Washington Post — Public Safety Chair Wants Hearing on Report that D.C. Police Didn’t Investigate Rape Cases — 24 January 2013

Former Nepalese Colonel Appears Before Court for Torture Charges

By Karen Diep
Impunity Watch Reporter, Asia

KATHMANDU, Nepal – Yesterday, former Nepalese Colonel Kumar Lama, 46, appeared at a 40-minute preliminary hearing before Judge Fulford in London’s Old Bailey Court for two charges of torture.

The Old Bailey where Mr. Lama appeared before Judge Fulford. (Photo Courtesy of The Guardian)

Mr. Lama, a current British resident, is accused of inflicting severe pain or suffering while commanding a Nepalese army barracks in 2005. According to The Guardian, the purported crimes occurred at the Gorusinghe army barracks in Kapilvastu, Nepal, between April 15, 2005 and May 1, 2005.

The charges against Mr. Lama relate to two men, Janak Bahadur Raut and Karam Hussain, under the Criminal Justice Act of 1988, Section 134.

According to France 24, London’s Metropolitan Police clarified that because torture is a crime prosecuted under international jurisdiction, they were required to arrest Mr. Lama. A prior concern was that the alleged crimes occurred in Nepal and therefore, London authorities possessed no right to detain Mr. Lama.

Nonetheless, London’s Metropolitan Police stated that no charges have been brought by the Nepalese authorities, who are currently demanding Mr. Lama’s release.

If jurisdiction holds, Mr. Lama’s case will be the first in Nepal’s history that a serving security officer has been arrested in foreign land in human rights violation case under universal jurisdiction.

The provisional date for the trial is June 2, 2013, in London’s Kingston Crown Court and is an projected to last between four and six weeks. A case management and plea hearing will is set for May 10, 2013. Mr. Lama is currently in custody after the court denied his application for bail.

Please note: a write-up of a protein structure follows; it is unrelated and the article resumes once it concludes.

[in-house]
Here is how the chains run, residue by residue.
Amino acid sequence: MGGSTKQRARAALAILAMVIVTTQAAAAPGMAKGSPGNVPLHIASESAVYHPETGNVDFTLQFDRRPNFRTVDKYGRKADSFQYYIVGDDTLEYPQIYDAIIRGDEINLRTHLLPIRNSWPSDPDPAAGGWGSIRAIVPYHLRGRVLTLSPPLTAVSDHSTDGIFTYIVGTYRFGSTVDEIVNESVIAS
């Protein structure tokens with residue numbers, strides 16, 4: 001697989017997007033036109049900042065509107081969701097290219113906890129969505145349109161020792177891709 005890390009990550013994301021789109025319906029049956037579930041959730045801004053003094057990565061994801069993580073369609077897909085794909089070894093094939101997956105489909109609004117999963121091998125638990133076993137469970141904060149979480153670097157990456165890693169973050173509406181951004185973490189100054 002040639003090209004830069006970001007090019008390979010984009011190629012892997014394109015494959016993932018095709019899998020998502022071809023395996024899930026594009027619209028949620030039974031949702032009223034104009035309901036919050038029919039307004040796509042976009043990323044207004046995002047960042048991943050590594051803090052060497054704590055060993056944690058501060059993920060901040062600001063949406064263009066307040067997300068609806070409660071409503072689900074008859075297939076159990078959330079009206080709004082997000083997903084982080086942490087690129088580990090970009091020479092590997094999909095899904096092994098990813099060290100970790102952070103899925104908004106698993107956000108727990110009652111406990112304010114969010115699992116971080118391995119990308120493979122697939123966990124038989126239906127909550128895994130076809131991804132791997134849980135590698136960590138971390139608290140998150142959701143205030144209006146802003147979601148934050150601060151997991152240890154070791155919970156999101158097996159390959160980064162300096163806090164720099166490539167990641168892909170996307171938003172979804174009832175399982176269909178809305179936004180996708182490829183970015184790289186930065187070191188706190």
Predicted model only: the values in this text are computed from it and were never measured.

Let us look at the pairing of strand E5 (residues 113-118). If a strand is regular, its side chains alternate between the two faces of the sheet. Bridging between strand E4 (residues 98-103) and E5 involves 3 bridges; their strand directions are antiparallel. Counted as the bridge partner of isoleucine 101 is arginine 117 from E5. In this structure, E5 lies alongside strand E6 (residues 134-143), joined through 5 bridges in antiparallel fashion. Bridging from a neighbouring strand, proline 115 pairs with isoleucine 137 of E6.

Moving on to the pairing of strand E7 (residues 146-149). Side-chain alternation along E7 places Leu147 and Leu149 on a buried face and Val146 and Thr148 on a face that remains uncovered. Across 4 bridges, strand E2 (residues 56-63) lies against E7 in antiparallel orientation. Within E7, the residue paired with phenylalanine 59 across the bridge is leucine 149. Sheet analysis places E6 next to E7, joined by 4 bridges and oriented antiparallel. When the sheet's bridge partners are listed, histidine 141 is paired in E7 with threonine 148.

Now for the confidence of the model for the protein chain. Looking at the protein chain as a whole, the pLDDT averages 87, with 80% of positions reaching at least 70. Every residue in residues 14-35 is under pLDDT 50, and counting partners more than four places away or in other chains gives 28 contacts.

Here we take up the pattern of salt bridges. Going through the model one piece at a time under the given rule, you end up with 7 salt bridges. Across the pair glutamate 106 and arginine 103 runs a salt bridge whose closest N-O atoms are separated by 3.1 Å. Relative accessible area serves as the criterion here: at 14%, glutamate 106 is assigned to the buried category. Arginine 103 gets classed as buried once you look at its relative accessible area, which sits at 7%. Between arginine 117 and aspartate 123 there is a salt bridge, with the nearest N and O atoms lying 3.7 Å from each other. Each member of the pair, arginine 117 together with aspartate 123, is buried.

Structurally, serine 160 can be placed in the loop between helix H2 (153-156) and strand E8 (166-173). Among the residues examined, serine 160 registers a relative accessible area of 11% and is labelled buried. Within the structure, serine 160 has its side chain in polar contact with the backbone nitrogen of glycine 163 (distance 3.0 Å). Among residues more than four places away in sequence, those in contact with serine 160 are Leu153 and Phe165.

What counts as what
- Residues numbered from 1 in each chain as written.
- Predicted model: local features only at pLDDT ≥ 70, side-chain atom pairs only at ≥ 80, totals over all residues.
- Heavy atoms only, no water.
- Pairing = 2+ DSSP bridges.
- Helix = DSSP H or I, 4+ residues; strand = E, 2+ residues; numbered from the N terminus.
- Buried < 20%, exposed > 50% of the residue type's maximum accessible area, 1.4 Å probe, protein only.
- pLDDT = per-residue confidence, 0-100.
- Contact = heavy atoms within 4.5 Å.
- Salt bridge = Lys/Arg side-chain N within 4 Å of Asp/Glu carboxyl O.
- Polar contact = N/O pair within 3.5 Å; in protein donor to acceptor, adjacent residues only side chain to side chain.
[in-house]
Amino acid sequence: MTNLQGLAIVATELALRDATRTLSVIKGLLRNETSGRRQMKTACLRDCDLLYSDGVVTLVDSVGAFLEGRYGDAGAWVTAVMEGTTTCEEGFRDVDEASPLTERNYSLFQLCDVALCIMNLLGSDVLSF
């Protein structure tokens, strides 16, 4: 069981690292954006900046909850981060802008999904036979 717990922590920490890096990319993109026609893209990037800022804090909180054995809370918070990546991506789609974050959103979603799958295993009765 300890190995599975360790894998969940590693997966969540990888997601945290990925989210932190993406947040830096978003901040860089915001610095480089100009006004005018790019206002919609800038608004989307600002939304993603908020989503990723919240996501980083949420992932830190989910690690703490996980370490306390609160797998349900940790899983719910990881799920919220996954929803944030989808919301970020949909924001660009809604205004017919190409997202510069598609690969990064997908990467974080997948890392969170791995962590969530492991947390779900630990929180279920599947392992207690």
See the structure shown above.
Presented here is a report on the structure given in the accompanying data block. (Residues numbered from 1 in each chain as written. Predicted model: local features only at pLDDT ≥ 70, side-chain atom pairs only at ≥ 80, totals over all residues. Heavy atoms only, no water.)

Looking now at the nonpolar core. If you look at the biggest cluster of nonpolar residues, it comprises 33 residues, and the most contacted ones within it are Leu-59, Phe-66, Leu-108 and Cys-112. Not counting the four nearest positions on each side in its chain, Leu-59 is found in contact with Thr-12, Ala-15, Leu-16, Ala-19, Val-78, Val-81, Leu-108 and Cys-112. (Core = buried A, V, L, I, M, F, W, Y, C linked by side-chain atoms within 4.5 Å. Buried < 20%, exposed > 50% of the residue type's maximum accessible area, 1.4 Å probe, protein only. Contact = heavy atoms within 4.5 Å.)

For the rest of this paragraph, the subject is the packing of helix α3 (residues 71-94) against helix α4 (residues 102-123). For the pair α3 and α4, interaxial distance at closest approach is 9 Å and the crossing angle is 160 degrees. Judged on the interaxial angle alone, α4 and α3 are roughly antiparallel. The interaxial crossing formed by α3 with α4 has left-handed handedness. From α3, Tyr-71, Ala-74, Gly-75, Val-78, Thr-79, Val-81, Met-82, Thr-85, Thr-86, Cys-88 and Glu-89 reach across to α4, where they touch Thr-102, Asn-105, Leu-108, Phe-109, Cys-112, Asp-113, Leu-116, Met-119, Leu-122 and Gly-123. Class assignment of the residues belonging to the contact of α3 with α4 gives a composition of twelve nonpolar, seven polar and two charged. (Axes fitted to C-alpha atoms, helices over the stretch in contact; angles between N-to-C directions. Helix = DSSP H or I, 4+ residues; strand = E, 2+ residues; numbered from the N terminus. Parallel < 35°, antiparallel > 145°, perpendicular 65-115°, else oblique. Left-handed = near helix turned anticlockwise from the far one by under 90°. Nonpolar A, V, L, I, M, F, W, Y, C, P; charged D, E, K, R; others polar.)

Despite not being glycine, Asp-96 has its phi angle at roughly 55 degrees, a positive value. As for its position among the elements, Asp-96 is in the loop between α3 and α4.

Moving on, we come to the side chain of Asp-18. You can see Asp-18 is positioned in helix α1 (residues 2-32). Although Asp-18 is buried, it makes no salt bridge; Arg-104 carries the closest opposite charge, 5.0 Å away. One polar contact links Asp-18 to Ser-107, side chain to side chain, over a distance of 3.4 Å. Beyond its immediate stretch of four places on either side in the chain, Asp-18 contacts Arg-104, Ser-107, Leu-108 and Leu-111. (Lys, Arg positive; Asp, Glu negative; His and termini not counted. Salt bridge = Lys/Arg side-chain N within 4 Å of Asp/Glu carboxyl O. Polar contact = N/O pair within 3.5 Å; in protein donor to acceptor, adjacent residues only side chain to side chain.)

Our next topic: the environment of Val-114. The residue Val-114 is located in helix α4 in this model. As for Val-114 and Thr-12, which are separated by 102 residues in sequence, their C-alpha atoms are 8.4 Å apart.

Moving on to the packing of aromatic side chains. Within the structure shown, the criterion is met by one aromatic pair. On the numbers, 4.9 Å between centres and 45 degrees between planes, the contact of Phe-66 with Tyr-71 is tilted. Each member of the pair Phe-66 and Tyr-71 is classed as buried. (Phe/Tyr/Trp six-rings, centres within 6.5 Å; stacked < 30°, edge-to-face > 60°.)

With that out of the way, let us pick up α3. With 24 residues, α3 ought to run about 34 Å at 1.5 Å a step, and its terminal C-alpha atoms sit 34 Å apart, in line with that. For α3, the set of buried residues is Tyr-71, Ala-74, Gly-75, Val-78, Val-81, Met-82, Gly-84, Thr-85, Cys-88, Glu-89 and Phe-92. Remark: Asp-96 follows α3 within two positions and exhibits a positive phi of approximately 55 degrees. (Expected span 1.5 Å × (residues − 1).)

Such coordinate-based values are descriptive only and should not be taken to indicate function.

“We have no option except waiting for the next hearing and subsequent court ruling,” Deputy Prime Minister and Minister for Foreign Affairs Narayan Kaji Shrestha relayed to The Himalayan Times.

To defend Mr. Lama, Nepal’s embassy in England hired London solicitor on criminal justice, Caplan and his Kingsley Napley firm associate, Barness. Prior to his representation of Mr. Lama, Mr. Caplan defended Former Chilean President Augusto Pinochet.

Neither the police nor the Crown Prosecution Service gave additional information regarding the case’s background or the circumstances until said information arrives in court.

Before his arrest last year, Mr. Lama served as a UN peacekeeper in South Sudan and was to return.

For more information, please see:

The Guardian – Nepal torture suspect appears in court – January 24, 2013

The Himalayan Times – London court dismisses Col Lama’s bail plea – January 24, 2013

France 24 – Nepalese colonel to face torture trial in London – January 24, 2013

Zimbabwe: Helicopter Donations and Diamond Fraud Affect Party Politics

By Hannah Stewart
Impunity Watch Reporter, Africa

HARARE, Zimbabwe — The last Zimbabwean elections, held in 2008, were marred by violence and allegations of rigged voting.  With presidential elections on the horizon, Zimbabwe has had an interesting week between diamonds and helicopters.  As South Africa prepared to ship a surplus of military helicopters to Zimbabwe, President Robert Mugabe’s party called for the investigation of multiple provincial leaders’ diamond fraud.

Zimbabwean President Robert Mugabe (R) and Prime Minister Morgan Tsvangirai. (Photo Courtesy of Voice of America)

The announcement that the South African military had agreed to donate its surplus of aging French-designed Alouette helicopters to Zimbabwe for “imminent delivery” was met with protests from regional civic campaign groups.

AfriForum, a human rights group, protested South Africa’s military donations.  And today a court in South Africa has temporarily halted a delivery of helicopters to the Zimbabwean military.  High Court Judge N. B. Tuchten prohibited South Africa’s government from exporting any Alouette helicopters or spares to Zimbabwe until a full hearing could be held on February 19.

Willie Spies, AfriForum’s legal spokesperson, was confident that the order would be upheld next month. “We know that Zimbabwe has got a record of human rights abuses,” Mr. Spies said.  Moreover he stated, “We know what happened during 2008 with the second round presidential elections.  We know the Zimbabwe Defense Forces are not a neutral defense force committed to defending the Zimbabwean state.”

Furthermore, Mr. Spies said, “[The military is] an aggressive force that’s been used against the people of Zimbabwe to suppress the opposition.”

Earlier on Friday, South Africa’s Mail and Guardian newspaper reported that it had seen confidential minutes of a meeting held two months ago between the defense chiefs of South Africa and Zimbabwe detailing the “disposal of Alouette helicopters and spares”.  South Africa’s defense department told the paper the donation was part of an agreement that dated back to 1997.